Let us begin with a digression; a highly relevant digression
There was once a country which suffered from very deep seated divisions and a huge range of problems.
Within living memory, there had been a lengthy debilitating Civil War which cast a long shadow of bitterness, distrust and economic depression throughout the defeated territories, lasting many decades.
It also suffered serious ecological catastrophe, devastating thousands of square miles of the most fertile regions with drought and soil erosion which forced farmers off the land and into poverty. There was no comprehensive road network, so the refugees struggled to escape. They hated those they deemed responsible for compounding their problems as they congregated in refugee camps, where their children died of malnutrition and disease. In these, and indeed in many parts of the country, there was widespread malaria, tuberculosis, diphtheria, yellow fever, and hookworm.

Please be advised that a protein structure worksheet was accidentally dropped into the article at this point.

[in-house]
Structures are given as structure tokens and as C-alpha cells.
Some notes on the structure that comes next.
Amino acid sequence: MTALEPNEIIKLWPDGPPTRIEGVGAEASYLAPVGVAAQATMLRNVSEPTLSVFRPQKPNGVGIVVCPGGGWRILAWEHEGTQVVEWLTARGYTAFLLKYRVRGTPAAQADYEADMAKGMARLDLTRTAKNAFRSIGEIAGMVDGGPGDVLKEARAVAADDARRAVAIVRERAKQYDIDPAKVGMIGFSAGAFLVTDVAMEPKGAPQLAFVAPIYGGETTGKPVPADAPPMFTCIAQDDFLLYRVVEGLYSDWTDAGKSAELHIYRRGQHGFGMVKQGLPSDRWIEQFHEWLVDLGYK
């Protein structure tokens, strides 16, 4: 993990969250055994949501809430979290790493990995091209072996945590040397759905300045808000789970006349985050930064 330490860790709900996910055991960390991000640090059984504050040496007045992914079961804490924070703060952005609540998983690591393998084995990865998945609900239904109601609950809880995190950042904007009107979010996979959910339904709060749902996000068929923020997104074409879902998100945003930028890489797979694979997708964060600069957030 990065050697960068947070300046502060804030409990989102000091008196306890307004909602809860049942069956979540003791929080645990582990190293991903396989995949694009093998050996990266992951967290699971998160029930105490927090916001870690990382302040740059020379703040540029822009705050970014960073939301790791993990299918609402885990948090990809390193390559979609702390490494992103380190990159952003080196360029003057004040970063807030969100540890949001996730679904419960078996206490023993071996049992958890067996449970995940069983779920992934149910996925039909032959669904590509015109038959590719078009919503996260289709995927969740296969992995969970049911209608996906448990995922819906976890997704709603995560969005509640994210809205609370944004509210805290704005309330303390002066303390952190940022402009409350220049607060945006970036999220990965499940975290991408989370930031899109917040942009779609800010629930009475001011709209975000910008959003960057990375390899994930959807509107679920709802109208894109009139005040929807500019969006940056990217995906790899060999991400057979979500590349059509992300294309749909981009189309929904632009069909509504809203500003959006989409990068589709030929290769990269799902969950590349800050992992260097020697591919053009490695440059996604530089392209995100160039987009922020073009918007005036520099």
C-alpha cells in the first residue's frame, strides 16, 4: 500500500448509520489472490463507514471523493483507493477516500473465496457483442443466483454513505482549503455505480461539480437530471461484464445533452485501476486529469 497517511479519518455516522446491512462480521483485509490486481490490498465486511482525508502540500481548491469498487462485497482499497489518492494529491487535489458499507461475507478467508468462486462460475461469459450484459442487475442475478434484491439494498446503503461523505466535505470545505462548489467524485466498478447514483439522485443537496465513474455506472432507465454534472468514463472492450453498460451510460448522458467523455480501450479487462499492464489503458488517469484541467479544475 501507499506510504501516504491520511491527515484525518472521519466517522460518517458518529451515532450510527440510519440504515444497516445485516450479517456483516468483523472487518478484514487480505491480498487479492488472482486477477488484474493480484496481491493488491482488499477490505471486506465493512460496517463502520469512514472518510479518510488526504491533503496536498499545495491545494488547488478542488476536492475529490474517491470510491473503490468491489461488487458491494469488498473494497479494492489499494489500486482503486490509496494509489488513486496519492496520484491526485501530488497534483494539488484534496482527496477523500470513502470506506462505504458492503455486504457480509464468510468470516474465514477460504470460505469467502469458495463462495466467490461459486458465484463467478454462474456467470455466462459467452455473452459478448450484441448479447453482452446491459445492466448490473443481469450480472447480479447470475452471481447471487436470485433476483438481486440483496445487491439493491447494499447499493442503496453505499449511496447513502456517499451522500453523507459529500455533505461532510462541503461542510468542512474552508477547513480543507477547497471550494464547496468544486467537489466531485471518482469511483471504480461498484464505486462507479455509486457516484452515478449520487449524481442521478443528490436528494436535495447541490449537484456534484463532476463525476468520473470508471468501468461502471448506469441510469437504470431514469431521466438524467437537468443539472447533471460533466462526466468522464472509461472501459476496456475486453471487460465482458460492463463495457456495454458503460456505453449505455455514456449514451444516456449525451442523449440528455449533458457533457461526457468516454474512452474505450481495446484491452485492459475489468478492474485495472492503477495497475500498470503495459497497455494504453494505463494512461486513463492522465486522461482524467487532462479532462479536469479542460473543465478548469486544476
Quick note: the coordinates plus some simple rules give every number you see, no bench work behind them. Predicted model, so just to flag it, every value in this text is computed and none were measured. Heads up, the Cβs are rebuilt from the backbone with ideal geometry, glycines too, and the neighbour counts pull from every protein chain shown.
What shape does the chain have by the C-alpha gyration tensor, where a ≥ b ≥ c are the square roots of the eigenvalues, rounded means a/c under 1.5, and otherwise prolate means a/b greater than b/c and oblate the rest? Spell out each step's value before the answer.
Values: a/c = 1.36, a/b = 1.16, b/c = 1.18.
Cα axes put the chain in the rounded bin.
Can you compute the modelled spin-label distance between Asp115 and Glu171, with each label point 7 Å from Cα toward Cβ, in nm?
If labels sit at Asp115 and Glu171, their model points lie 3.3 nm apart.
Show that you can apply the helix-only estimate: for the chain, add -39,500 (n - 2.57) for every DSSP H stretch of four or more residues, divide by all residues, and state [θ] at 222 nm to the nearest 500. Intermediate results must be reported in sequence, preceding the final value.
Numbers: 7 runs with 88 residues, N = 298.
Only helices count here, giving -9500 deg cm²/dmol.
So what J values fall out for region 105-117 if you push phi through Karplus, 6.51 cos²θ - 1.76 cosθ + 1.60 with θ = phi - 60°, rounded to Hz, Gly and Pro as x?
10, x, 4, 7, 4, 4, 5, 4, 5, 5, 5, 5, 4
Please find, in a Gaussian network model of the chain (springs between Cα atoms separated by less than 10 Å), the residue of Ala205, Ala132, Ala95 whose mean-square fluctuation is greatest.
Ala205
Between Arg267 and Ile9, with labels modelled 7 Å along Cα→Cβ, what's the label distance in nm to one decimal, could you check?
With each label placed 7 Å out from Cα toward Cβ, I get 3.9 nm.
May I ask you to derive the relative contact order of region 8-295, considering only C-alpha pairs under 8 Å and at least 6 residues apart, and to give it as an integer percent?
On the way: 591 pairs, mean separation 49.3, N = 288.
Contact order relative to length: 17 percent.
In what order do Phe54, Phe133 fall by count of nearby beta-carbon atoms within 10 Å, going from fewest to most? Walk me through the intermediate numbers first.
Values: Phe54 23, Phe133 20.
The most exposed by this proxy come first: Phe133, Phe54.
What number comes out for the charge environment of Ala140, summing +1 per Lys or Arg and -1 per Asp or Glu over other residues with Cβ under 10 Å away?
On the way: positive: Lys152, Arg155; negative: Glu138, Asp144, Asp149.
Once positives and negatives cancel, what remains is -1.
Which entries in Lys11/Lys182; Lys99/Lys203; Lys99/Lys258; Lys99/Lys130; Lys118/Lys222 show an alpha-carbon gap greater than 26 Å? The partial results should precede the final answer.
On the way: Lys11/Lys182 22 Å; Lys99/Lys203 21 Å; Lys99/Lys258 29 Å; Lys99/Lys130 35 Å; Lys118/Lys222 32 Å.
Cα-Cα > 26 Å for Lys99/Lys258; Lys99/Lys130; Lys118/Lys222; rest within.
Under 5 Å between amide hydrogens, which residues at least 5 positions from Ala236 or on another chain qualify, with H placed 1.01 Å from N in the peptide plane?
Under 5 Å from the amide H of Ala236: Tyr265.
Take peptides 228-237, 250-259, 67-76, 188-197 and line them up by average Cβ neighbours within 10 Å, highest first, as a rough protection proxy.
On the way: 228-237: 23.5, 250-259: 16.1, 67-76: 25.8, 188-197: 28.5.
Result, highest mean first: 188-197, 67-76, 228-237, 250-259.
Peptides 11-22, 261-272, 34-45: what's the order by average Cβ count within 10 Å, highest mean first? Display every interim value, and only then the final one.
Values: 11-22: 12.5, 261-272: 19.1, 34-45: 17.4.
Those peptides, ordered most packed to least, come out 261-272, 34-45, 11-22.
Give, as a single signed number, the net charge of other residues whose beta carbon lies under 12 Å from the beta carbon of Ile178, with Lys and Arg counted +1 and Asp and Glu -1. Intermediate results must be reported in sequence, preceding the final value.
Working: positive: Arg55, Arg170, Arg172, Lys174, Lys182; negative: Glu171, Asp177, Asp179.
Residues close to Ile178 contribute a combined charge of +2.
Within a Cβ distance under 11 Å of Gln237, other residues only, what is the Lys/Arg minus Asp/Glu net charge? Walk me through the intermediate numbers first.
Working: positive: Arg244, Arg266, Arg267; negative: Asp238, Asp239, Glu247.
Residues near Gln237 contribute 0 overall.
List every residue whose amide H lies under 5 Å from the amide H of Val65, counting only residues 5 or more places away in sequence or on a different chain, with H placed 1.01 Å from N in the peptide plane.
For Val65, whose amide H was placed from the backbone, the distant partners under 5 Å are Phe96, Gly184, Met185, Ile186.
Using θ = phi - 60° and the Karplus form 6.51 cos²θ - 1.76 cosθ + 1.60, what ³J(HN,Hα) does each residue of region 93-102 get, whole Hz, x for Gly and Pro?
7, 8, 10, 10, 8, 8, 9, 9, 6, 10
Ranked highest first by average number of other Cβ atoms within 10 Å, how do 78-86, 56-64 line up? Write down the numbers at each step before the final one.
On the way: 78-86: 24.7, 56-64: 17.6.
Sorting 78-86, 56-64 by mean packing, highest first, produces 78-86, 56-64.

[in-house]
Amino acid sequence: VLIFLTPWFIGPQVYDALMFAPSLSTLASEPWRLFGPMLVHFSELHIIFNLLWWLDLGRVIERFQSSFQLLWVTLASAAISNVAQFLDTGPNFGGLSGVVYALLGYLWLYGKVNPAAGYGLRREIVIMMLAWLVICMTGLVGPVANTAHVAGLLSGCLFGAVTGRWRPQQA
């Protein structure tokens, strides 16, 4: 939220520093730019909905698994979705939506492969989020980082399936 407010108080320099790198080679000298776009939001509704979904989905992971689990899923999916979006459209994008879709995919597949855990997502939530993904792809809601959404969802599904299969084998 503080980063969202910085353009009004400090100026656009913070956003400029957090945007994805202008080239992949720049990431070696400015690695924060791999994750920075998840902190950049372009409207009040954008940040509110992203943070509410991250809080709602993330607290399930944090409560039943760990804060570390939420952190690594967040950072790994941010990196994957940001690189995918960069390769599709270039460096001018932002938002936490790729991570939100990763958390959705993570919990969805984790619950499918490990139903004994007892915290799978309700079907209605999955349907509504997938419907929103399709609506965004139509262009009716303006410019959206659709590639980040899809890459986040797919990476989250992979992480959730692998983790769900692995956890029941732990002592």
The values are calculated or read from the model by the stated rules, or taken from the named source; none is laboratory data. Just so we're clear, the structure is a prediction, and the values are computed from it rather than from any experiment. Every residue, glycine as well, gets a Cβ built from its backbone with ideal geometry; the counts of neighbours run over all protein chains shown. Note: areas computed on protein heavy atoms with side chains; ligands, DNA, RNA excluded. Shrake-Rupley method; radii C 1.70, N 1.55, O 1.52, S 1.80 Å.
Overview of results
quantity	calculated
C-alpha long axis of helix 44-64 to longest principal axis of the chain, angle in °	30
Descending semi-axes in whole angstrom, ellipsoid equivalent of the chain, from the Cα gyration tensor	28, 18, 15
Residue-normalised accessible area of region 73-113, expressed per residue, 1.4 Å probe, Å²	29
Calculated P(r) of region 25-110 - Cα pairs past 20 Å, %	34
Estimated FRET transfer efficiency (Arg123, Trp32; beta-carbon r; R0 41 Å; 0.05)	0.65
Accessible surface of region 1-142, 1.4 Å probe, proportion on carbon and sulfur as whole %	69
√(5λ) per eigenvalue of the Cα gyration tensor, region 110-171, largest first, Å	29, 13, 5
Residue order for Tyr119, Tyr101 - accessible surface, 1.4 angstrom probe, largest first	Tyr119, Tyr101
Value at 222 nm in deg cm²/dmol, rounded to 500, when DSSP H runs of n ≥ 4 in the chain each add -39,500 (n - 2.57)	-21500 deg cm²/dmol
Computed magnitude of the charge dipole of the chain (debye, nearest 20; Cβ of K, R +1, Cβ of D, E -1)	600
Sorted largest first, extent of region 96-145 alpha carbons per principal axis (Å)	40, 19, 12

Millions lived in shacks or shanty towns in insanitary conditions which took its toll. There was a huge disparity between the wealth of the “haves” and the needs of the “have nots”. Vigilantes ruled many communities where the officials were frequently corrupt and elections rigged. Many were simply disenfranchised.
50 years after this miserable state of affairs, the country in question put a man on the moon, for Brother Ivo has been describing none other than the United States of America in the 1930’s.
This is a useful starting point whenever one begins to think about institutions, their values, and their destruction and on many occasions, Brother Ivo has posed the question ” If the USA can do this – why not Africa?”
Africa has no lack of people, talent, resource, and potential, so where is the problem?